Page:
Proposed changes to Fair Work laws – What you need to know

22 December 2020

The Federal Government has recently introduced to the Parliament the Industrial Relations Omnibus Bill that proposes a series of changes to the Fair Work Act and related laws.

In a nutshell

Some of the proposed changes include:

  • A new definition of casual employment
  • Improvements to Enterprise Agreement making and approval processes
  • Greenfields Agreements being able to apply for eight years on major projects
  • Greater flexibilities for some Modern Awards (but not including Construction Awards)
  • A new criminal offence for underpayments that are dishonest and systematic.

The proposed Bill will be considered by Parliament in early 2021 at the earliest.

Until then, the existing laws continue to apply. Employers do not need to make any changes at this time.

We will continue our advocacy efforts and will provide updates as needed.

Background

In May 2020, the Government announced it would form five working groups with an intention to examine and make improvements to the industrial relations framework to help businesses and workers get through the economic downturn resulting from COVID-19 and to speed up economic recovery.

Master Builders was asked to participate in the groups to represent building and construction employers.

The working groups made various recommendations for change to the Government.

The Government considered the recommendations and responded by tabling the Industrial Relations Omnibus Bill on Wednesday, 9 December 2020.

What are the proposed changes?

Amongst a myriad of changes, the following are the main ones:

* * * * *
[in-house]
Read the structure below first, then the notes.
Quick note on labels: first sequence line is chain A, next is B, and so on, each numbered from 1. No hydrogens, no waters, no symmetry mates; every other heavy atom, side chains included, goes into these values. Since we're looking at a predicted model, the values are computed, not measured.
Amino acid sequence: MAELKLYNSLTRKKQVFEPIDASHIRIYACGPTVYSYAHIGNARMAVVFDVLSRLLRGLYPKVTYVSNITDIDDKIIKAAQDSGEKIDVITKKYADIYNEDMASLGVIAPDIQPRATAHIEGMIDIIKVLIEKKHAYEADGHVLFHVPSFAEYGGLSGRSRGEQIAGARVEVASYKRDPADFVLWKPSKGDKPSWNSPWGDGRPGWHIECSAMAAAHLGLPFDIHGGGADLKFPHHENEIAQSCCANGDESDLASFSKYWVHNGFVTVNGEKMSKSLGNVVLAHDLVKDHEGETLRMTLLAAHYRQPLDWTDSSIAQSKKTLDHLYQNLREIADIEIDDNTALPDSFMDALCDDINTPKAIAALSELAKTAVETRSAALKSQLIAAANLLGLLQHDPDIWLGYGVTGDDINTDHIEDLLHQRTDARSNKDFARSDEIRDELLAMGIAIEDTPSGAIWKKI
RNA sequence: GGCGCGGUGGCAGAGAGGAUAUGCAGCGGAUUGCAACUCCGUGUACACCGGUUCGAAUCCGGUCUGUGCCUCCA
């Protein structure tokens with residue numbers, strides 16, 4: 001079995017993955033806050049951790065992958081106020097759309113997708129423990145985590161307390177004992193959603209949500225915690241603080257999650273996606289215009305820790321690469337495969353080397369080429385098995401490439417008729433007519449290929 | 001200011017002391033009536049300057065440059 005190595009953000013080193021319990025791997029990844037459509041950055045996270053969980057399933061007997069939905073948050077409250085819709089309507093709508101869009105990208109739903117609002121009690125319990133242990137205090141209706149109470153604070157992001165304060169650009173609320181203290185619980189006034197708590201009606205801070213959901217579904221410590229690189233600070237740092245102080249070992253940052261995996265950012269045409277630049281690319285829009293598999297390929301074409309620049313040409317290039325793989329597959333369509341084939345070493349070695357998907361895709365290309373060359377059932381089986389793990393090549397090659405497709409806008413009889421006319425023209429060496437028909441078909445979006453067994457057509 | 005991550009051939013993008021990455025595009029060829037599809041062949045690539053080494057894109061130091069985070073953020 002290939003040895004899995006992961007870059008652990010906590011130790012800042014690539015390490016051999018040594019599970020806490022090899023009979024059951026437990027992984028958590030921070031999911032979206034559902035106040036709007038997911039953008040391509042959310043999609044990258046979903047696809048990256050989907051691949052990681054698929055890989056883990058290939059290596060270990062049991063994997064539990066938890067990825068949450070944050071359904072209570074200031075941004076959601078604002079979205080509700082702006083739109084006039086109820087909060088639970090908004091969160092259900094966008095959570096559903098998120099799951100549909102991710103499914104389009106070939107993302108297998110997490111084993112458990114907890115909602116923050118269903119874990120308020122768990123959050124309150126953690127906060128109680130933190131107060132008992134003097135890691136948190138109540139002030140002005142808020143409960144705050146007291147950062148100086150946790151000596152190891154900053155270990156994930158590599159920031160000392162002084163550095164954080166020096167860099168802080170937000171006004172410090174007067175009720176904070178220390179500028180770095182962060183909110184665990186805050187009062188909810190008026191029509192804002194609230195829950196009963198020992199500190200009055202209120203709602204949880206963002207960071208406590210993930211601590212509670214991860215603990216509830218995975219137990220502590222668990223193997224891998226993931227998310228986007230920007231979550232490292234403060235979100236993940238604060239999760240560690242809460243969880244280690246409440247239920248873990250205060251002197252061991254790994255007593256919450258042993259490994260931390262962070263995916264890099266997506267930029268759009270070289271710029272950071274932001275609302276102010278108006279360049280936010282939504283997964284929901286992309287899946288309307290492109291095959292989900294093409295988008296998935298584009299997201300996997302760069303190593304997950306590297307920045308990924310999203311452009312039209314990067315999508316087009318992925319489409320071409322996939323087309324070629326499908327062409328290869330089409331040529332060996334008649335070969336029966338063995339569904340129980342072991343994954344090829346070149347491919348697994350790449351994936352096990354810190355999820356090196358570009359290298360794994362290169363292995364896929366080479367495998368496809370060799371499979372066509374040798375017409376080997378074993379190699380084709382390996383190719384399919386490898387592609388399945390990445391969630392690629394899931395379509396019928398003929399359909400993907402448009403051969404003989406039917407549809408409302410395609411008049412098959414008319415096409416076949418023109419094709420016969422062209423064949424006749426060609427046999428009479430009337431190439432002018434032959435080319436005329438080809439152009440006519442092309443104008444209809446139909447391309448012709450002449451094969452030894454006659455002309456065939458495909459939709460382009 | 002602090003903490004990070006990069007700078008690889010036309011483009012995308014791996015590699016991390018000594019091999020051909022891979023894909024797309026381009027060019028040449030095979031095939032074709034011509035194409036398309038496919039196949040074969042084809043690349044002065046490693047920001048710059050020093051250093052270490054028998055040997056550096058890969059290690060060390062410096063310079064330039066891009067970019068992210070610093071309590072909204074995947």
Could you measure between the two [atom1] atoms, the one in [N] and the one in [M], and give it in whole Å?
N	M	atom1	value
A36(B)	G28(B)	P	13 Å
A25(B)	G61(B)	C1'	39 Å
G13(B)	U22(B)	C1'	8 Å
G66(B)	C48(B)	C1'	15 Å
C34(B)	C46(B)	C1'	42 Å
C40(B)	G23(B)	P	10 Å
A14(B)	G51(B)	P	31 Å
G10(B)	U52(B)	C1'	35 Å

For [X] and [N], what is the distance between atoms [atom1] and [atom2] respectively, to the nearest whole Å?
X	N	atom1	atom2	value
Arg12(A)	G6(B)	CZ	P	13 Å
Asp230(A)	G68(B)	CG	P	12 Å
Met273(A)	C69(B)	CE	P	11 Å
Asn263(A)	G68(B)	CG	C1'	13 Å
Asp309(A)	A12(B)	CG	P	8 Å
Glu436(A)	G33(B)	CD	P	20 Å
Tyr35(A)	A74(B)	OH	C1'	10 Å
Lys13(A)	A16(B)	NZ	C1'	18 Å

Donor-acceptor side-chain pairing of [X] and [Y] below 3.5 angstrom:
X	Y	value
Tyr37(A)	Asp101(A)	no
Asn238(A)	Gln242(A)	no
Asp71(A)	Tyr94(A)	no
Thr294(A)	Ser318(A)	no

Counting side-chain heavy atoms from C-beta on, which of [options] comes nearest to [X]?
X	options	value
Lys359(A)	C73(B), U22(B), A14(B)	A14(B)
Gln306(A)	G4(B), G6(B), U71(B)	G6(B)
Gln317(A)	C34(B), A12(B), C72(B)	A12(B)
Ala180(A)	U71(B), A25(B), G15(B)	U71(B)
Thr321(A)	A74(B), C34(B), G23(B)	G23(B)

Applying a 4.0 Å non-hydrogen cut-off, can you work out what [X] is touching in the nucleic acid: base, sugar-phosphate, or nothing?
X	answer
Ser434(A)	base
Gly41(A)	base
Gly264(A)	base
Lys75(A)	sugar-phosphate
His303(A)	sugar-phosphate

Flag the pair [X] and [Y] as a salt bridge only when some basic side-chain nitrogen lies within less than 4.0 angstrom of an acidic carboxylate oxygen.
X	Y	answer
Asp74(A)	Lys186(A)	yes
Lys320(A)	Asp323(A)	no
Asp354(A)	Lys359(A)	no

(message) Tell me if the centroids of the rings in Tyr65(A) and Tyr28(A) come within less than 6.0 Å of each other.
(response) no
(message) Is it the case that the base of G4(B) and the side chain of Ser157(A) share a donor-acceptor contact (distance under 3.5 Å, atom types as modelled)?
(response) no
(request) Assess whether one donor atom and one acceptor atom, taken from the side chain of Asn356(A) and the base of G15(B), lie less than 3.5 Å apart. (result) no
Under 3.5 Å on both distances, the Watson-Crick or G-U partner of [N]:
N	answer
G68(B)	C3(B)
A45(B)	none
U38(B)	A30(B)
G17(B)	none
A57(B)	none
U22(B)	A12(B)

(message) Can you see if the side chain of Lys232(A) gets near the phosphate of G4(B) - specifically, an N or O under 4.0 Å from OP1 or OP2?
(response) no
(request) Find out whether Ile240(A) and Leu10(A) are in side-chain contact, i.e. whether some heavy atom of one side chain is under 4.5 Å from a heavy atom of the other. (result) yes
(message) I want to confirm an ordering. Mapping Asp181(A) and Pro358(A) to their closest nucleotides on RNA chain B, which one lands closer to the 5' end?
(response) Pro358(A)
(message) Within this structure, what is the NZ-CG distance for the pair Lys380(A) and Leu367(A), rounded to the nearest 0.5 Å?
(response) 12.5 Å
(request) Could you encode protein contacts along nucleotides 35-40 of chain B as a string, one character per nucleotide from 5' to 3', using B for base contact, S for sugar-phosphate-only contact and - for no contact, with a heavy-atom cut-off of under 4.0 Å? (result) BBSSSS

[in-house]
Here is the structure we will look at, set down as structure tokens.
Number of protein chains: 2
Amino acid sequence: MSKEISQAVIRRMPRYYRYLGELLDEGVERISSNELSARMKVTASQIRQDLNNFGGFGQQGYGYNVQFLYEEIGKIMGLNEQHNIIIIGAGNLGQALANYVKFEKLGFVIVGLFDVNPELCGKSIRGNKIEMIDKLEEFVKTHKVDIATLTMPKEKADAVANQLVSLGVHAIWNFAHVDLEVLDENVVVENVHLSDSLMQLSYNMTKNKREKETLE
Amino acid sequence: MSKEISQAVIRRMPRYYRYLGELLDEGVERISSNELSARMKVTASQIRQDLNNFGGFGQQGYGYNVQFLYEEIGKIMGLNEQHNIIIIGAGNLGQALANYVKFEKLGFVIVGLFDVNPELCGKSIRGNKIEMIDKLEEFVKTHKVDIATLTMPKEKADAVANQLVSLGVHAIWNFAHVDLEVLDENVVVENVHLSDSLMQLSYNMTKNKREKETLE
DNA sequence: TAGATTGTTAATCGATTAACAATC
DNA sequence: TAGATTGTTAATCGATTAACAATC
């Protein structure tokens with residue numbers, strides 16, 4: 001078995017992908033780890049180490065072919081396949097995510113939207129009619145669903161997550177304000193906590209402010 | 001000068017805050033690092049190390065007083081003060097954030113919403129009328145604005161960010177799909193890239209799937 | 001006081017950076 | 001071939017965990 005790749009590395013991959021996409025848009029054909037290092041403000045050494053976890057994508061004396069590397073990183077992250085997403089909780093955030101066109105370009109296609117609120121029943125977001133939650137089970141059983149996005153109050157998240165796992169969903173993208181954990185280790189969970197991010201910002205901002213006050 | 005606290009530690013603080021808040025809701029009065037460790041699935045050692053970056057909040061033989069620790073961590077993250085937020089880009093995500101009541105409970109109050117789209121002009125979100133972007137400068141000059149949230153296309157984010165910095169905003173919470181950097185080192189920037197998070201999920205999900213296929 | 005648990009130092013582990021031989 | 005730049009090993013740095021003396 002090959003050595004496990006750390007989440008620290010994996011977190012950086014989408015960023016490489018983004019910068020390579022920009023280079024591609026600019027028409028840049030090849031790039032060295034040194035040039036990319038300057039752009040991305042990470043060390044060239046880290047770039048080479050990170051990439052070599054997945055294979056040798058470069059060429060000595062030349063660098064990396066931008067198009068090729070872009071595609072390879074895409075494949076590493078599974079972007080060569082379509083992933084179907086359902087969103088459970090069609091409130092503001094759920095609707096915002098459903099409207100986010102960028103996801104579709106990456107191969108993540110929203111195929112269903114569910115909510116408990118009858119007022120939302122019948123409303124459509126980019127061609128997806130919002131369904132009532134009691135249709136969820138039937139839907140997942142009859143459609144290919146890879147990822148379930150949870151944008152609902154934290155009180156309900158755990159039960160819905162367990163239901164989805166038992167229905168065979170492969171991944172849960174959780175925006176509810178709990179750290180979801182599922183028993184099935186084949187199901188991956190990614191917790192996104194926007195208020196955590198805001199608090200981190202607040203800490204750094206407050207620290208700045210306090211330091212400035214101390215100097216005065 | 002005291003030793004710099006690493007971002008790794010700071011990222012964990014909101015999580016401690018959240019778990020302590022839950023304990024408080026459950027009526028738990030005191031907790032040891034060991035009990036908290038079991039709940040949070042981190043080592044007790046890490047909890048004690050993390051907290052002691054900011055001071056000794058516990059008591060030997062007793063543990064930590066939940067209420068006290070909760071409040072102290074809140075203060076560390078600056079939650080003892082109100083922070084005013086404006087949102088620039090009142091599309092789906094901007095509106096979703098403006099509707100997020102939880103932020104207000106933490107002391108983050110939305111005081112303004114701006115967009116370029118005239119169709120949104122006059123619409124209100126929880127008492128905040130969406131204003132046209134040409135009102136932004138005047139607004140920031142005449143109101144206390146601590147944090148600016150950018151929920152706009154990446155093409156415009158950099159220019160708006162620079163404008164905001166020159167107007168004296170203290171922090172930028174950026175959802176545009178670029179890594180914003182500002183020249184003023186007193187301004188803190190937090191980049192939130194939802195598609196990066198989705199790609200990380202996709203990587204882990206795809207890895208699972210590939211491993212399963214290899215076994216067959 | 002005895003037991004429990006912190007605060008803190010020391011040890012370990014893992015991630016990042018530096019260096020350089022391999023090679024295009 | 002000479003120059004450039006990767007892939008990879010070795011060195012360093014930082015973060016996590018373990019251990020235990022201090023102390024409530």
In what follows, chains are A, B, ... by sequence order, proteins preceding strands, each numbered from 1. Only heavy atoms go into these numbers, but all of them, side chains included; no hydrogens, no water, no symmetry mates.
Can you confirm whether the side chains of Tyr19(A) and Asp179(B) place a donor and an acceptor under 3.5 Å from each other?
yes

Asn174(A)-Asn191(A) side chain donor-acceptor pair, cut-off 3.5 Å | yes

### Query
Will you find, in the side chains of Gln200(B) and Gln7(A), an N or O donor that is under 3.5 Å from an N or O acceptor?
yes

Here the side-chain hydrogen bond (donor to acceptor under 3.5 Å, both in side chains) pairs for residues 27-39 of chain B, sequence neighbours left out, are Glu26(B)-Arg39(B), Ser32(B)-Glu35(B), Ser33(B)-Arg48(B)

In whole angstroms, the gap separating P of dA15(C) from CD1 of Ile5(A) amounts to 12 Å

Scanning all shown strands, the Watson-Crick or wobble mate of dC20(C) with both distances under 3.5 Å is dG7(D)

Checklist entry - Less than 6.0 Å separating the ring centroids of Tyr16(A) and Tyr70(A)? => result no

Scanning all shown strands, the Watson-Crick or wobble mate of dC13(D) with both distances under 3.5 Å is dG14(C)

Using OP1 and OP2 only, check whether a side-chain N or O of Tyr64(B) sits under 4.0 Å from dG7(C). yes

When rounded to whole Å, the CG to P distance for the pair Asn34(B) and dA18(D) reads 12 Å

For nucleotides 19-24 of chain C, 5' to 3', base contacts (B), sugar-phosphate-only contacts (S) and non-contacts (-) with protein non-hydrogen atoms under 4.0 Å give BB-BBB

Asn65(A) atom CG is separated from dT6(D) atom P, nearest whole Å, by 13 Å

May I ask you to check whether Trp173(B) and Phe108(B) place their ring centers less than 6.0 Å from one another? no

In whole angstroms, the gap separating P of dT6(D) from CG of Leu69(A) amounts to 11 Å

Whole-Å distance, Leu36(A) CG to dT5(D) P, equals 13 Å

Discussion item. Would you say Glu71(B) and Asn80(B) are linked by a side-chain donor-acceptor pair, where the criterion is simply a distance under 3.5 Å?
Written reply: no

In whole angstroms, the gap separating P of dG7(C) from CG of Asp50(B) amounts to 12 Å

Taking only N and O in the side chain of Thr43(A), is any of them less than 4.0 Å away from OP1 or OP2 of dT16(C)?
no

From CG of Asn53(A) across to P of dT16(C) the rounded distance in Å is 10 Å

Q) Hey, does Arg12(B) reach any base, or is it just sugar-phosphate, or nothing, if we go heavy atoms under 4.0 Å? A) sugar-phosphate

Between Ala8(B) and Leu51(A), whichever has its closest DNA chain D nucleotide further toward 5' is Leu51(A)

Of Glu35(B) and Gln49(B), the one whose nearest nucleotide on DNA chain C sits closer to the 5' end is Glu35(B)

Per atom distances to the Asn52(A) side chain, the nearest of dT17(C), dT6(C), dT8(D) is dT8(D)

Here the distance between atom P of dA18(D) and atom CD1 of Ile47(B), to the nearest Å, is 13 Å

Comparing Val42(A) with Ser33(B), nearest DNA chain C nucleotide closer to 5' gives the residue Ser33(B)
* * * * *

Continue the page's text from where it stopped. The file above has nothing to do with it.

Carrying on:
• A new definition of ‘casual employee’, a uniform process for casuals to convert to permanent employment after 12 months and offsetting provisions that stop "double dipping”
  • Changes to simplify and improve the way Enterprise Agreements are made and approved and a quicker, less technical process that does not include unrealistic hypothetical scenarios for approval by the Fair Work Commission
  • Standard flexibilities, such as part-time employee’s agreed overtime hours being payable at the ordinary rate of pay, in some specific Modern Awards (this does not include Construction Awards)
  • Higher fines and penalties for businesses who underpay workers, including the introduction of a new Federal offence for underpayments that are dishonest and systematic with a maximum imprisonment of four years. Providing the FWC with powers to dismiss vexatious litigation that are timely and costly to the businesses and to deal with underpayments claims.

Do I have to do anything now?

No – the changes are only proposals and will not come into effect until they have passed the Parliament, which will be in March 2021 at the very earliest.

How will employers benefit from those changes?

Changes to clarify casual employment will provide much needed certainty and ensure employers don’t have to rely on the courts and tribunals to establish the definition of who is a casual employee.

Changes to EBA making process will make it much quicker and easier to have the agreement approved.

Unfortunately, changes to Modern Awards will not extend to Construction Awards.

Increasing penalties for employers and making threats with jail time is not the best approach to stop underpayments. Creating a system that is clear and simple and providing education to businesses on their obligations should be the first step.

Did Master Builders support all the proposed changes during the working groups?

No – we argued against a number of changes that were driven by the Unions (such as higher employer penalties) but supported the changes that ultimately grow the businesses and create jobs (such the EBA changes).

More information?

Go questions? Get in touch by calling 1300 30 50 10.

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